Anatomy and Physiology Orientation

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jvargas
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173492
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Anatomy and Physiology Orientation
Updated:
2012-09-26 00:56:40
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AandP Anatomy Physiology
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Anatomy and Physiology Orientation of the Human Body
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  1. Term that defines : Toward the head end, or upper structure of the body.
    Superior (cranial)
  2. Term that defines: Away from the head end or toward the lower part of the structure of the body.
    Inferior (caudal)
  3. Term that defines: Toward the front of the body.
    Ventral (anterior)
  4. Term that defines: Toward the back of the body.
    Dorsal (posterior)
  5. Term that defines: Toward the midline of the body.
    Medial
  6. Term that defiens: Away from the midline of the body.
    Lateral
  7. Term that defines: Between a more medial and more lateral structure.
    Intermediate
  8. Term that defines: Closer to the origin of the body part or the point of attachment of the limb to the trunk of the body.
    Proximal
  9. Term that defines: Farther from the origin of the body part or the point of attachment of a limb to the human body.
    Distal
  10. Term that defines: Toward or at the body surface.
    Superficial (external)
  11. Term that defines: Away from the body surface, or more internal.
    Deep (internal)
  12. What are the levels of structural organization.

    A: Chemical, Cellular, Tissue, Organ, Organ System, and Organismal
    B: Chemical, Organismal. Tissue, Organ, Cellular, and Organ System
    C: Organ System, Organismal, Tissue, Organ, Chemical, and Cellular
    D: Chemical, Organ System, Tissue, Organ, Cellular, and Organismal
    • A: Chemical, Cellular, Tissue, Organ, Organ System, and Organismal
    • B: Chemical, Organismal. Tissue, Organ, Cellular, and Organ System
    • C: Organ System, Organismal, Tissue, Organ, Chemical, and Cellular
    • D: Chemical, Organ System, Tissue, Organ, Cellular, and Organismal
  13. What is Homeostasis?
    Is the ability of the body to keep the internal  conditions relatively unchanged even though the outside enviroment is always changing.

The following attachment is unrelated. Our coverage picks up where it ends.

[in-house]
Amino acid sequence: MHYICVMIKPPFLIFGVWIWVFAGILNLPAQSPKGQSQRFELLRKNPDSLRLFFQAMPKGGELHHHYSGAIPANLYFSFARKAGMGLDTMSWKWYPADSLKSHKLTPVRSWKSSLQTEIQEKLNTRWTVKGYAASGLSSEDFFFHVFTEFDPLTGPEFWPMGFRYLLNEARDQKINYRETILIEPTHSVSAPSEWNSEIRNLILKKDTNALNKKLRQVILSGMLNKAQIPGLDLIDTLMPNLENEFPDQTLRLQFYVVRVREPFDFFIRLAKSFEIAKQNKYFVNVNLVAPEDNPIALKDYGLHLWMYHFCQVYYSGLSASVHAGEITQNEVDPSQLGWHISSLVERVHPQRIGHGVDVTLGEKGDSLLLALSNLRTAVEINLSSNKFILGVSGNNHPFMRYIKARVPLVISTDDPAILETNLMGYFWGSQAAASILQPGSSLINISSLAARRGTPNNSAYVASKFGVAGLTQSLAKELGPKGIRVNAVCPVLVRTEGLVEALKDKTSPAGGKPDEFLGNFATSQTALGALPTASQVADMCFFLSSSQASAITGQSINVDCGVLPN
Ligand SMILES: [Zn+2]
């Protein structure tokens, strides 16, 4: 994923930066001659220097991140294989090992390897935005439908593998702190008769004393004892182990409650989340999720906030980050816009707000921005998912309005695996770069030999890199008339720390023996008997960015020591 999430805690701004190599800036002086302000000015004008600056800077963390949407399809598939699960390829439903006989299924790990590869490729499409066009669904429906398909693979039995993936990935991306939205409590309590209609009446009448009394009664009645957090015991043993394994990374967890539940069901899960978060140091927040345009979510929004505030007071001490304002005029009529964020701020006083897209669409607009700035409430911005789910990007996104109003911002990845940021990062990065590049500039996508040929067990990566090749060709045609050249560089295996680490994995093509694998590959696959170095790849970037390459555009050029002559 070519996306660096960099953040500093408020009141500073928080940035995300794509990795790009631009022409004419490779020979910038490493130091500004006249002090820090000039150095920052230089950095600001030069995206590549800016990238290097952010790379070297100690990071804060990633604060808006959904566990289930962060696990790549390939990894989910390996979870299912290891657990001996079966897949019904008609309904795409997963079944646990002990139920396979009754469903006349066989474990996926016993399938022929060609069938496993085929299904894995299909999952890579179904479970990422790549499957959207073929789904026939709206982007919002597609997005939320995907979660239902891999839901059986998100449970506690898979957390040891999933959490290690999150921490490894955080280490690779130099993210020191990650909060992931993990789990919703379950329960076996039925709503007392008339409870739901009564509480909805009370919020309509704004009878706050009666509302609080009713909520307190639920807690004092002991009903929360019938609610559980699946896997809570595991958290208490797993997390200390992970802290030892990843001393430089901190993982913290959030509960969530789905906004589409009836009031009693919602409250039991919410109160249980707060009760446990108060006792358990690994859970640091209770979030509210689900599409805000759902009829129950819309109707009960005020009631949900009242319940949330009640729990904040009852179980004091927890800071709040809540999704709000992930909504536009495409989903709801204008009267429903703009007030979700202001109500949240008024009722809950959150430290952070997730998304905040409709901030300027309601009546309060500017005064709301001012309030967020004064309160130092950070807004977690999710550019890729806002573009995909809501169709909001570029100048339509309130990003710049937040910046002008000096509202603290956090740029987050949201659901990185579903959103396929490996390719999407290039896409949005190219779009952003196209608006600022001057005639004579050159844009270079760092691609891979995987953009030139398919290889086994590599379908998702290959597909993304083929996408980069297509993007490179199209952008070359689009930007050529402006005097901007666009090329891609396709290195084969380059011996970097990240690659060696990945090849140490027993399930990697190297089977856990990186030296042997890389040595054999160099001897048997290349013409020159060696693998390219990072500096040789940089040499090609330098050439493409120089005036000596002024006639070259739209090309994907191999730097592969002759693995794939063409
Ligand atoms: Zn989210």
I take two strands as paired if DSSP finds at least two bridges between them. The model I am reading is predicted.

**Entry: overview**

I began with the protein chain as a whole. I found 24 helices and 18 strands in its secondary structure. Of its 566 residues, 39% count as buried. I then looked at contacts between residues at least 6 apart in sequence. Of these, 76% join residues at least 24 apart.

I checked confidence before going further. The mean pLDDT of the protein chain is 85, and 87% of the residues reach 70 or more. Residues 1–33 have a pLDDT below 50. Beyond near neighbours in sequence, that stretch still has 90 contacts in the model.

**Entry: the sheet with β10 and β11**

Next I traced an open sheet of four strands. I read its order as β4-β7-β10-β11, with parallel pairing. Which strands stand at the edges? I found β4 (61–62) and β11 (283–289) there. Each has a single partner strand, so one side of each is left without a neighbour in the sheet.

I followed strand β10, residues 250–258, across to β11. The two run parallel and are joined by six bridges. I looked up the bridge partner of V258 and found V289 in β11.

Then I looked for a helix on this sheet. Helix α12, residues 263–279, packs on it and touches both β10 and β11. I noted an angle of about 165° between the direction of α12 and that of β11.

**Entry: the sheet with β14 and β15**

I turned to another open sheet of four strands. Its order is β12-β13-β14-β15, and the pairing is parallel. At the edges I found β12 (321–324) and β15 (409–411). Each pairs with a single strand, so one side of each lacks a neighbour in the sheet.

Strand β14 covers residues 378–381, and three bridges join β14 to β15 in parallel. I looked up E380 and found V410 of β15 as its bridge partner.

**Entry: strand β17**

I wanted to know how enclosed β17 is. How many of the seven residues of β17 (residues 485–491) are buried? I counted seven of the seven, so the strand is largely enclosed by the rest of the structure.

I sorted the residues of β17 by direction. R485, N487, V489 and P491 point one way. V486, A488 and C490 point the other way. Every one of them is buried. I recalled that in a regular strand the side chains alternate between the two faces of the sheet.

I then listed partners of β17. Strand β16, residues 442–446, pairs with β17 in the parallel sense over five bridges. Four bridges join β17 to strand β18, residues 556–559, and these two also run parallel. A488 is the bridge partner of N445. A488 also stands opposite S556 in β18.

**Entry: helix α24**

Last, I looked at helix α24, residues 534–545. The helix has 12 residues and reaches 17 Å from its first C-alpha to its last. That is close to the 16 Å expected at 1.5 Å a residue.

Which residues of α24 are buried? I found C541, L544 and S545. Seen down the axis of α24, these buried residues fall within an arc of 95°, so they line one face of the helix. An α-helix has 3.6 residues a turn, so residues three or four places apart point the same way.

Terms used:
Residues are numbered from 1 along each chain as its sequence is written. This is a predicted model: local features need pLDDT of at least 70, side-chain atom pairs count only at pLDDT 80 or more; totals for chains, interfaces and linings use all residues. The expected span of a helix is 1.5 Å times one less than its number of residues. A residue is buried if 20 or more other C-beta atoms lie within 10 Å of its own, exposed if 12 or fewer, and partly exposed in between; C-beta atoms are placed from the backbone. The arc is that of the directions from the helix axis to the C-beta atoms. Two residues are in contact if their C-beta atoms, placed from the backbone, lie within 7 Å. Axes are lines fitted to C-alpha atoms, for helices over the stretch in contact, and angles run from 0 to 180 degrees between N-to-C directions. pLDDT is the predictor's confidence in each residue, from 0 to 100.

14. How does Negative feedback loops function?
    The negative feedback mechanism work by causing the opposite effect than that of the original stimulus. 

    For Example: Insulin and sugar, as sugar levels rises some receptors in the body are stimulated and the pancreas begins to secrete insulin, the insulin as used to assist the cells to uptake more sugar and thus bringing the blood sugar levels back to normal.
  15. How does Positive feedback loops function?
    The positive feedback mechanism works by enhancing the original stimulus up to the point that it is stopped.

    For Example: A break or a tear in a blood vessels causes the release of a chemical which platelets then adgere to and wells as the site of the tear, and release more chemicals, which attract more platelets and so on, to the point that the bleeding is stopped.
  16. The two fundamental divisions of the body are?
    Axial and Appedicular
  17. The Axial division of the body includes, which parts of the body.
    It includes the Head, Neck and Trunk.
  18. The Appendicualr division of the body includes, which parts of the body.
    It includes the Appendages and Limbs.
  19. What are the body's planes and how it divides the body.
    • Sagittal = Left and Right sections
    • Frontal = Front and Back sections
    • Transverse = Top and Bottom sections
    • Oblique = Diagonal cuts.

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